The Long Haul covers lots of mileage at a pace just above the speed limit with entertaining and informative stops along the way.
If you like social commentary from fresh points of view by an observant and entertaining first-time storyteller, you’ll like Finn Murphy’s The Long Haul.
If you want to learn how the trucking industry evolved the last 30 years from someone who dropped out of college to become a $250k/year moving van driver, you’ll enjoy the book.
If you’re about to move your household belongings across the country, it’s a must-read on how to choose your movers and how best to interact with them.
It’s an author’s story — young kid makes big choices (drop out of school, disappoint parents), young adult course corrects (decides to leave trucking), older adult circles back (returns to trucking on new terms). Finn — and I think he’s ok if I use his first name, it’s that kinda book — covers authentic issues with an authentic voice.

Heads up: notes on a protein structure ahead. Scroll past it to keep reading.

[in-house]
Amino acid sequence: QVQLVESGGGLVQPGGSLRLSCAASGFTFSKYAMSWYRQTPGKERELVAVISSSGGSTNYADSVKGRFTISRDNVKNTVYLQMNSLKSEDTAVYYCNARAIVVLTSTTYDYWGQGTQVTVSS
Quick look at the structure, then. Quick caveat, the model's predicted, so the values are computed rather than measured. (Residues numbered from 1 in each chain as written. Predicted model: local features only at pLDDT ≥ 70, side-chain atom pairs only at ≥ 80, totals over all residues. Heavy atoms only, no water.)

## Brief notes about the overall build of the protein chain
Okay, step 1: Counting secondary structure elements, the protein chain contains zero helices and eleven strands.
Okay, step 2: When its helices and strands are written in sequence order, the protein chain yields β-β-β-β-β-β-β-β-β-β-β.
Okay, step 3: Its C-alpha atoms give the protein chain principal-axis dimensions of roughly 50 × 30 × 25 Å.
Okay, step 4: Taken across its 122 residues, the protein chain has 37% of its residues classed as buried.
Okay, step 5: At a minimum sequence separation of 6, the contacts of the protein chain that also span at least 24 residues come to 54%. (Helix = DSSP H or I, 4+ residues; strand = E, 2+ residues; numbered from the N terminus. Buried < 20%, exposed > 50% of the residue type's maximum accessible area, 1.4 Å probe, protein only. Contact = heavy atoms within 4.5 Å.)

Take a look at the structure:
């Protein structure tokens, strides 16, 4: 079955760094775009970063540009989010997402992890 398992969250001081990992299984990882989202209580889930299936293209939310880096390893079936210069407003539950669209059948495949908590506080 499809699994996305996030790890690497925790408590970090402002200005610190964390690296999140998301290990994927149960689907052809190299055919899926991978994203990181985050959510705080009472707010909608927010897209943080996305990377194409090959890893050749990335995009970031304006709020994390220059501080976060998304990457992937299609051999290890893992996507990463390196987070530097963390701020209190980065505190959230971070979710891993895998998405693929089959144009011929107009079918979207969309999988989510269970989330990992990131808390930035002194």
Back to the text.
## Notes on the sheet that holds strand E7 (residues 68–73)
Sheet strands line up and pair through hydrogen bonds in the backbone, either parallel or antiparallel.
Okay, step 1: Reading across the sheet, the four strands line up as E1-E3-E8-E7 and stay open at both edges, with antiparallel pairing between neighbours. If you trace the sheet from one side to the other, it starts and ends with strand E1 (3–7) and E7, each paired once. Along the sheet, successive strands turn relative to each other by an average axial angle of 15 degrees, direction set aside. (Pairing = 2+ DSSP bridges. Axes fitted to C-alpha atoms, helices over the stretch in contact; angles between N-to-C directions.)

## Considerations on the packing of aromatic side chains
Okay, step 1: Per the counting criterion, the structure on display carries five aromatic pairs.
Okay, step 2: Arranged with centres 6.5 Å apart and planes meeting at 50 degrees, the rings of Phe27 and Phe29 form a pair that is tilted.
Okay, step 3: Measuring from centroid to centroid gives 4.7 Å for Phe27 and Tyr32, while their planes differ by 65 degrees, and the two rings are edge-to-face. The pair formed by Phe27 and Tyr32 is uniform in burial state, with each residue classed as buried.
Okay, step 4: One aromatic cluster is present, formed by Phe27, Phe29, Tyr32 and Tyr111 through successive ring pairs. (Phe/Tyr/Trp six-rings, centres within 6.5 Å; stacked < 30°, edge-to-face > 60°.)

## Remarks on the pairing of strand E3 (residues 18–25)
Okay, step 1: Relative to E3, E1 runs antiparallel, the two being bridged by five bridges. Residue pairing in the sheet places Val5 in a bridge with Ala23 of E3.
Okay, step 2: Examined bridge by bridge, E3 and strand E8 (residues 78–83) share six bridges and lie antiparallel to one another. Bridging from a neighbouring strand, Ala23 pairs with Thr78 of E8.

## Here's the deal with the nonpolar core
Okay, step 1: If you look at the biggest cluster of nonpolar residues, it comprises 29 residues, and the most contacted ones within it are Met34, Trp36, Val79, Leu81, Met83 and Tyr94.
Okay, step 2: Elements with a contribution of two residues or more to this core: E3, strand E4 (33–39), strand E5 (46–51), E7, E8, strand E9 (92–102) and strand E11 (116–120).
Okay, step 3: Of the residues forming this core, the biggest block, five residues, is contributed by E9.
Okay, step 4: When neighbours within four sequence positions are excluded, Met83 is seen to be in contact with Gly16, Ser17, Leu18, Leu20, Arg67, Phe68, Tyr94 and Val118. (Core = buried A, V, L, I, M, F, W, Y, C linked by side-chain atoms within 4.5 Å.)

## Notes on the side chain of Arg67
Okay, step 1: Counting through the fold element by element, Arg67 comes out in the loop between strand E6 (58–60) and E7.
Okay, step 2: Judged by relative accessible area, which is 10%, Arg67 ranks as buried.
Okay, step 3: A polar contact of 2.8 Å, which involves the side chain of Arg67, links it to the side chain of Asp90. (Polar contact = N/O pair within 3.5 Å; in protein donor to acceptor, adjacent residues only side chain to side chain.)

It’s an immersive story, with the feel up in the cab of an 18-wheeler, sitting on a truck stop cafe stool, standing at the front door of an irate moving customer, and on the wall of a privately owned trucking company’s back office. There’s just enough ambiance, technical jumbo, profanity and business talk to keep it authentic and on-time.
It’s a story full of thoughtful observations:
— why movers don’t wear jeans;
— how Latinos came to dominate the critical supply of local labor;
— how Mormons differ from other homeowners;
— what it takes for small towns to make it these days.
Finn says: “When you move people and pack their stuff, you see how people really live.”
I say: When you read Finn’s account, you’re entertained and educated. Put it at the top of your list.
The Long Haul: A Trucker’s Tales of Life on the Road
By Finn Murphy
#Fiction #Autobiography #Memoir #SocialCommentary #Trucking #TopOfYourList